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Training Your Auto-Pilot

Training Your Auto-Pilot

by Linda Ratcliff

Don’t practice until you get it right!
Practice until your auto-pilot takes over and you can’t get it wrong.
– Linda Ratcliff

Training Your Auto-Pilot

 

There is something we all have in common.

Once we were ALL beginners. And do you remember when you went to a jam session for the very first time? You might have purchased a brand new dulcimer, or maybe you were given a hand-me-down that you cleaned up and polished. Maybe you had a teacher that guided you through some basics and taught you a few tunes. Or maybe you simply watched YouTube or DulcimerCrossing.com videos, and learned a few things.

You thought you were ready for the jam. You sat down, made sure you were in tune, and met some other duci-fanatics. But then, the leader started off with “Boil Dem Cabbage”, and the entire group took off like a bunch of race horses bursting out of the starting gate.

You didn’t know they were going to play THAT fast! Worse yet, the harder you tried to play faster, the more your arms and hands seemed to stiffen up. You gripped your pick, you clenched your teeth, you tightened your arm muscles … and you tried to hammer faster or push your pointer finger up and down that fretboard faster. But you actually began to get farther and farther behind.

AAAARRRRGH! What just happened?

What just happened?

Physically, what happened is, the more you stiffened up, the more mistakes you made and the slower you actually played. The faster you want to play, the more relaxed you need to be. And to be relaxed when you play with or for others, you need to train your “Auto-Pilot.”

    1. First choose a passage to practice where you find yourself slowing down EVERY time.
    1. Play that passage in slow motion, taking the time to press or hammer the string for each note in exactly the right place. Relax as much as you can … both mentally and physically. Think of it as a slow-motion replay (but in advance!) of the beautiful performance you would love to give. When you practice in slow motion like this, you won’t trip over notes, or deliver badly-controlled rhythms.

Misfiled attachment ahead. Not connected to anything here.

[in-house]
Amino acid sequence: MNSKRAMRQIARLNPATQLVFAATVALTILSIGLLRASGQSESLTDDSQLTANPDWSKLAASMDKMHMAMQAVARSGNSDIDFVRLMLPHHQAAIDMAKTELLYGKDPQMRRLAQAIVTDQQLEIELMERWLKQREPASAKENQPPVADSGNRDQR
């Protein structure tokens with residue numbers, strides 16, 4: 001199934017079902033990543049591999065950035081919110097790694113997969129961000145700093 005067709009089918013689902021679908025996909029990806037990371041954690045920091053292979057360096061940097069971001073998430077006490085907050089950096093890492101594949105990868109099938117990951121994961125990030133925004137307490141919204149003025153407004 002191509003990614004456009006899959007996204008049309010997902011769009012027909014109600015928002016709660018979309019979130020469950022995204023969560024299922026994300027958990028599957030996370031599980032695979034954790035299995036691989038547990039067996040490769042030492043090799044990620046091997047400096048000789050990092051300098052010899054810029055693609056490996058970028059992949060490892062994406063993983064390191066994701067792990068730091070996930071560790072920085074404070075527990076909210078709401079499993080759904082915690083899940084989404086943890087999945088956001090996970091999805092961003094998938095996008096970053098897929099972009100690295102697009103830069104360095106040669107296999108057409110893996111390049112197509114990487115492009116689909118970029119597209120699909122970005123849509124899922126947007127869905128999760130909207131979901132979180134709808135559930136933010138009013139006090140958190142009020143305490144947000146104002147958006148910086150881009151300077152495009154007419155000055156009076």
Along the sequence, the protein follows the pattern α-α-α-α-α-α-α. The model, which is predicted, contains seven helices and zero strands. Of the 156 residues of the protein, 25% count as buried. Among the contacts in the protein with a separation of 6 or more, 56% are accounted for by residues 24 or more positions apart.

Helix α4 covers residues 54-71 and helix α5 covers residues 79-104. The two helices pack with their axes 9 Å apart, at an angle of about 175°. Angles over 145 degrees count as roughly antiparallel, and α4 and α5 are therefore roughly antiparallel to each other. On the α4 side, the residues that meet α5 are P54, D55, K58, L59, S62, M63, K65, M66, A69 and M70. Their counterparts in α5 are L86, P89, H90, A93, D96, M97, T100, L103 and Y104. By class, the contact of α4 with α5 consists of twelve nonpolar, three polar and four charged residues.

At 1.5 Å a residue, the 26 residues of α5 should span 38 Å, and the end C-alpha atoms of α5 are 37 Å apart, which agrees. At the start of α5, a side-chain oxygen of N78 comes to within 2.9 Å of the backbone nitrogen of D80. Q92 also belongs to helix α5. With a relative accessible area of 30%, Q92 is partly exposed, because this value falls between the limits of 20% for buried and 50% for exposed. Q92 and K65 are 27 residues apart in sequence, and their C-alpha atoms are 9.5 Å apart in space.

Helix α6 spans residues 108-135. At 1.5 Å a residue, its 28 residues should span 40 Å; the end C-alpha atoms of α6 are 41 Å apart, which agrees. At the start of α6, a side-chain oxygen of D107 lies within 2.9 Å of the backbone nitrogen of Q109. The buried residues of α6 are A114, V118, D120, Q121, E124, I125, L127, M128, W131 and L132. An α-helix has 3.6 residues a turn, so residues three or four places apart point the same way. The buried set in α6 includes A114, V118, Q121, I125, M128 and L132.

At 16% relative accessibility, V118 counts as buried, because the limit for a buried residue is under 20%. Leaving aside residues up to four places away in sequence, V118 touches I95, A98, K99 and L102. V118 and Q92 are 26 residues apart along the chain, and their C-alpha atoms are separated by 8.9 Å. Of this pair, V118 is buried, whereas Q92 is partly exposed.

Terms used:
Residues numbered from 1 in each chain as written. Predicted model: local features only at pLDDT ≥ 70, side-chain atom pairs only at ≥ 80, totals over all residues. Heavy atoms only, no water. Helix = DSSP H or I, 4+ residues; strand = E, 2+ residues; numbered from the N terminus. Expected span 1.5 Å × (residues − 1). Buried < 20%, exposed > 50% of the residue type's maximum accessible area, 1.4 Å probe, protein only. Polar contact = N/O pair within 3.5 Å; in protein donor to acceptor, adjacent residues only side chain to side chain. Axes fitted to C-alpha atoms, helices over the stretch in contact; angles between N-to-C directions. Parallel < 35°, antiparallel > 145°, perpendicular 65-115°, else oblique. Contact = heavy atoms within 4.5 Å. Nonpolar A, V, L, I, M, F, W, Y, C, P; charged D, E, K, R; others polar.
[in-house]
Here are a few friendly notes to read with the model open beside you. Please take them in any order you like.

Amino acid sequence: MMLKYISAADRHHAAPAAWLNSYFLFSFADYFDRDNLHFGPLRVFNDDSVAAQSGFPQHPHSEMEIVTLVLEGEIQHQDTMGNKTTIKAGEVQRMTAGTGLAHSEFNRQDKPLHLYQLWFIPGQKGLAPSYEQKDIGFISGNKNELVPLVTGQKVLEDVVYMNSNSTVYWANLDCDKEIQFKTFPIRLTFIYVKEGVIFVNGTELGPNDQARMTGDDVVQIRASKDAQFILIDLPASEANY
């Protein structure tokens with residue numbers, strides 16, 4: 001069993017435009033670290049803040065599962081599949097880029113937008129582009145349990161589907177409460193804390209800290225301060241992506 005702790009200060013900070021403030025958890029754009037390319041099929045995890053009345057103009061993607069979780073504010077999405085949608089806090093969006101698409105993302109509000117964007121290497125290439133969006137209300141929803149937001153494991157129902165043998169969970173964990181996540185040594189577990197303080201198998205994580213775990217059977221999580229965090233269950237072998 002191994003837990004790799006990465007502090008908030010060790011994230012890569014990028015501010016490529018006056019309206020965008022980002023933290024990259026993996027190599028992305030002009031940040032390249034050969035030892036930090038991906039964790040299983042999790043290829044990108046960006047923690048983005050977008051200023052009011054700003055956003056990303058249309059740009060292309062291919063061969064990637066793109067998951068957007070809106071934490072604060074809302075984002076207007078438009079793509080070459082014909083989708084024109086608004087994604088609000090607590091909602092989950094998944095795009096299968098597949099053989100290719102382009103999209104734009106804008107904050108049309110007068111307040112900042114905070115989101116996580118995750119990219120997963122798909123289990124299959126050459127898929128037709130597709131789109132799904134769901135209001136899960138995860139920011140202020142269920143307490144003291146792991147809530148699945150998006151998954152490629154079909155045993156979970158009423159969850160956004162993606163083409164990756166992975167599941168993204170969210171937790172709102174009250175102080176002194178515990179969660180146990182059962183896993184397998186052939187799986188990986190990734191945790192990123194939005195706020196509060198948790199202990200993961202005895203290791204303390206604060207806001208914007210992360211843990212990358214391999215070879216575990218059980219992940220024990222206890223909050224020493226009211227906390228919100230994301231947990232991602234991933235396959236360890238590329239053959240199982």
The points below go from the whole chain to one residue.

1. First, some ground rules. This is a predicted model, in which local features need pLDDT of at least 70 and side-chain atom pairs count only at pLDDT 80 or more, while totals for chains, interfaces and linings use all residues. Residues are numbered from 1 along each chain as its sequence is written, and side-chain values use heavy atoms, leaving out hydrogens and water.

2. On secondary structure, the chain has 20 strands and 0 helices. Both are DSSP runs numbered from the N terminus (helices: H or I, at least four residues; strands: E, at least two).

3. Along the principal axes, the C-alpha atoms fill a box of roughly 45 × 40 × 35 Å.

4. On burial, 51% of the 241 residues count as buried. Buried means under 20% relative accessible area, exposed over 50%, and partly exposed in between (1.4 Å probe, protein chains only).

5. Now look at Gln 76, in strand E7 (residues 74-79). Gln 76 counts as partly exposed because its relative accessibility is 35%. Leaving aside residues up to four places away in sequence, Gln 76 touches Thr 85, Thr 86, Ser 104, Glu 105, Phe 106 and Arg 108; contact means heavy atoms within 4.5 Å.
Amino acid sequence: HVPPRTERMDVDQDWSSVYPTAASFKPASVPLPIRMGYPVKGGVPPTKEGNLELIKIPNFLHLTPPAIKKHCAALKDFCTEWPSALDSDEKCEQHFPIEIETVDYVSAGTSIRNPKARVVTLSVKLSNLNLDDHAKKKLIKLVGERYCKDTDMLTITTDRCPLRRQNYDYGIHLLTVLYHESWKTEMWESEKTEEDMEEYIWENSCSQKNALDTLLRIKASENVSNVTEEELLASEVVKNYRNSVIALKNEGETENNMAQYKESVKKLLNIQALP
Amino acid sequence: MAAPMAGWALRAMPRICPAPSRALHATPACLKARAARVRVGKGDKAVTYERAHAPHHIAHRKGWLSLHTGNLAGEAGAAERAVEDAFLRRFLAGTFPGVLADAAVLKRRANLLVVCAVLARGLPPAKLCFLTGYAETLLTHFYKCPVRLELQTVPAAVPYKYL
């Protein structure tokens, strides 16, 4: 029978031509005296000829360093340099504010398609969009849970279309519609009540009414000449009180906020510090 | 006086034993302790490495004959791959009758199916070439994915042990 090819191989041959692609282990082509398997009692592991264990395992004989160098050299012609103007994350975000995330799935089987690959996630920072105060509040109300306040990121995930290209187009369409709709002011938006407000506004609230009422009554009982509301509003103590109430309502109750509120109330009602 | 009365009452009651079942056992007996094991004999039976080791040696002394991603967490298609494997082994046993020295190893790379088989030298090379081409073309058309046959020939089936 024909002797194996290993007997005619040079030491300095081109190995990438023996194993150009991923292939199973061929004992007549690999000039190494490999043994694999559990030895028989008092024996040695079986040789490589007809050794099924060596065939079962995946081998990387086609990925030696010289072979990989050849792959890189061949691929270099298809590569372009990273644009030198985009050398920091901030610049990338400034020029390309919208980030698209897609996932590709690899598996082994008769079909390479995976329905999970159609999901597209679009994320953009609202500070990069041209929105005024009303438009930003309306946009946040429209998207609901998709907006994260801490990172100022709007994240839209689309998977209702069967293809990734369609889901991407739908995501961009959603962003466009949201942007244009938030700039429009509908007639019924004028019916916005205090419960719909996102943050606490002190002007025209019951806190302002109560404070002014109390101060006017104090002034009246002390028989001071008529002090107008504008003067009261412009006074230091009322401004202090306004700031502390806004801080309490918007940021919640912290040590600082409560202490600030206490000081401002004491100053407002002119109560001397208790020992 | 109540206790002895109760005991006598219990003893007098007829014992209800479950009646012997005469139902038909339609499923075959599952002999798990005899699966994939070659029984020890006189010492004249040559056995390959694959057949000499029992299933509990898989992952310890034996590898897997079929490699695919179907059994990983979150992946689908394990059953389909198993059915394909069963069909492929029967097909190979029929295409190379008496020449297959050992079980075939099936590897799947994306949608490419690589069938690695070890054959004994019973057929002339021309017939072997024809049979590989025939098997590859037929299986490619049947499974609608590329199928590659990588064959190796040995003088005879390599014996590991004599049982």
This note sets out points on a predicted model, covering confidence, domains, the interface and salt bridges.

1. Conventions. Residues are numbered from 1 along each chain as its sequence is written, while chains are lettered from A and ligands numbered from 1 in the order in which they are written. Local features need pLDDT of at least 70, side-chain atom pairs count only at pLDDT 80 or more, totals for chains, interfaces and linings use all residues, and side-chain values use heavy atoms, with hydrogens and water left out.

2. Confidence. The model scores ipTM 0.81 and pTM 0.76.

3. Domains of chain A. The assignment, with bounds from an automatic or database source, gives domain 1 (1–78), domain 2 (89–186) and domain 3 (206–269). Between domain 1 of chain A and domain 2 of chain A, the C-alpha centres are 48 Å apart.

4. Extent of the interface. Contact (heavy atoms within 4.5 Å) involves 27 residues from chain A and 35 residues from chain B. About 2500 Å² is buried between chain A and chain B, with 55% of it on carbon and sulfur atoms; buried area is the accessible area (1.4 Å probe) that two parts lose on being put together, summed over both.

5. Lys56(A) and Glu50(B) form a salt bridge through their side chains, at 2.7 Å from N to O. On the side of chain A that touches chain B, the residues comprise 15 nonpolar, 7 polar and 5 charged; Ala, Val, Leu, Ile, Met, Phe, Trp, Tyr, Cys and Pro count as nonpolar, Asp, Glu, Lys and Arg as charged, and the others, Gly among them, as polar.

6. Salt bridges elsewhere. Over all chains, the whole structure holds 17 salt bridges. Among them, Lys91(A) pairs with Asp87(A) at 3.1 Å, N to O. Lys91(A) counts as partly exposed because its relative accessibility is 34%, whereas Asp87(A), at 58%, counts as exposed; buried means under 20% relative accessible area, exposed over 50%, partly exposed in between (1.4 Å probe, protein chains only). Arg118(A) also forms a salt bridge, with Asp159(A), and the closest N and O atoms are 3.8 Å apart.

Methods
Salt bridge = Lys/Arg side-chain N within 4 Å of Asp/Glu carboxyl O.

1. Auto-Pilot ButtonNow close your eyes or turn off the lights, and see if you can play the correct strings by feel, still in slow motion, using MUSCLE MEMORY. Try that until the passage almost floats from your arms. This is training your auto-pilot, teaching your muscles the way to go without intense focus and physical effort.
  1. Next begin to gradually speed up the passage. Picking up the tempo, just a little at a time, will work better because you aren’t trying to closely supervise every single note.

Your conscious mind may be telling you, “Yeah, this is all fine and good, playing at half speed in the sanctuary of my home.” But your auto-pilot doesn’t work as analytically as your mind does. When you join others (back in the real world), muscle memory will kick in and the notes will flow. Tapping into your auto-pilot, you will be able to deliver every note – smoothly, effortlessly, and accurately.

As always, if you have any questions, please feel free to ask Steve or myself.

Happy dulcimering,
Linda
 
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Posted by on June 25, 2018 in lessons, subscriber news

 

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Find Somewhere Quiet

Find Somewhere Quiet

by Linda Ratcliff

It is in that quiet place at our center that we hear the whispers of our soul.
– Sue Krebs


Find somewhere quiet. This almost seems too obvious to really need to say. But it’s important.  Many of you probably have a special room, or your own corner of the living room for practicing your dulcimer. When you have a designated quiet place to practice, you will be less likely to cave in to distractions.

In addition, going to your special practice area helps prepare you mentally for getting something accomplished on your dulcimer. When preparing to perform, mindful intention at practice time is paramount, and having the ritual of going to the same place every time can help set that intention.

This is my quiet place in the RV.  Right now I’m facing a forest owned by the Corps of Engineers, and it is refreshing to look out at the beauty.  But soon my view will change, when we move to Tennessee.  I’ve Photoshopped what my view will be out the same window at sunset.  Either view is peaceful and inspiring.

Notice, my dog is always with me when I practice.  But I would rather be “home alone” without any humans around when I practice. This probably goes back to my childhood, because my father always asked me to hold off on practicing until he got out of the house. He would find something to do in his workshop when I wanted to practice the piano. Understanding this, my husband is very good about finding something to do outside when I practice.

Do you have a quiet place to practice? Is it a space where you can keep your instruments and all your accessories within easy reach?  If not, look over your home and carve one out.  If I can make a space for music in an RV that has less than 400 square feet, you can find a place too.

As always, if you have any questions, always feel free to ask Steve or myself.
Happy dulcimering,
Linda
 

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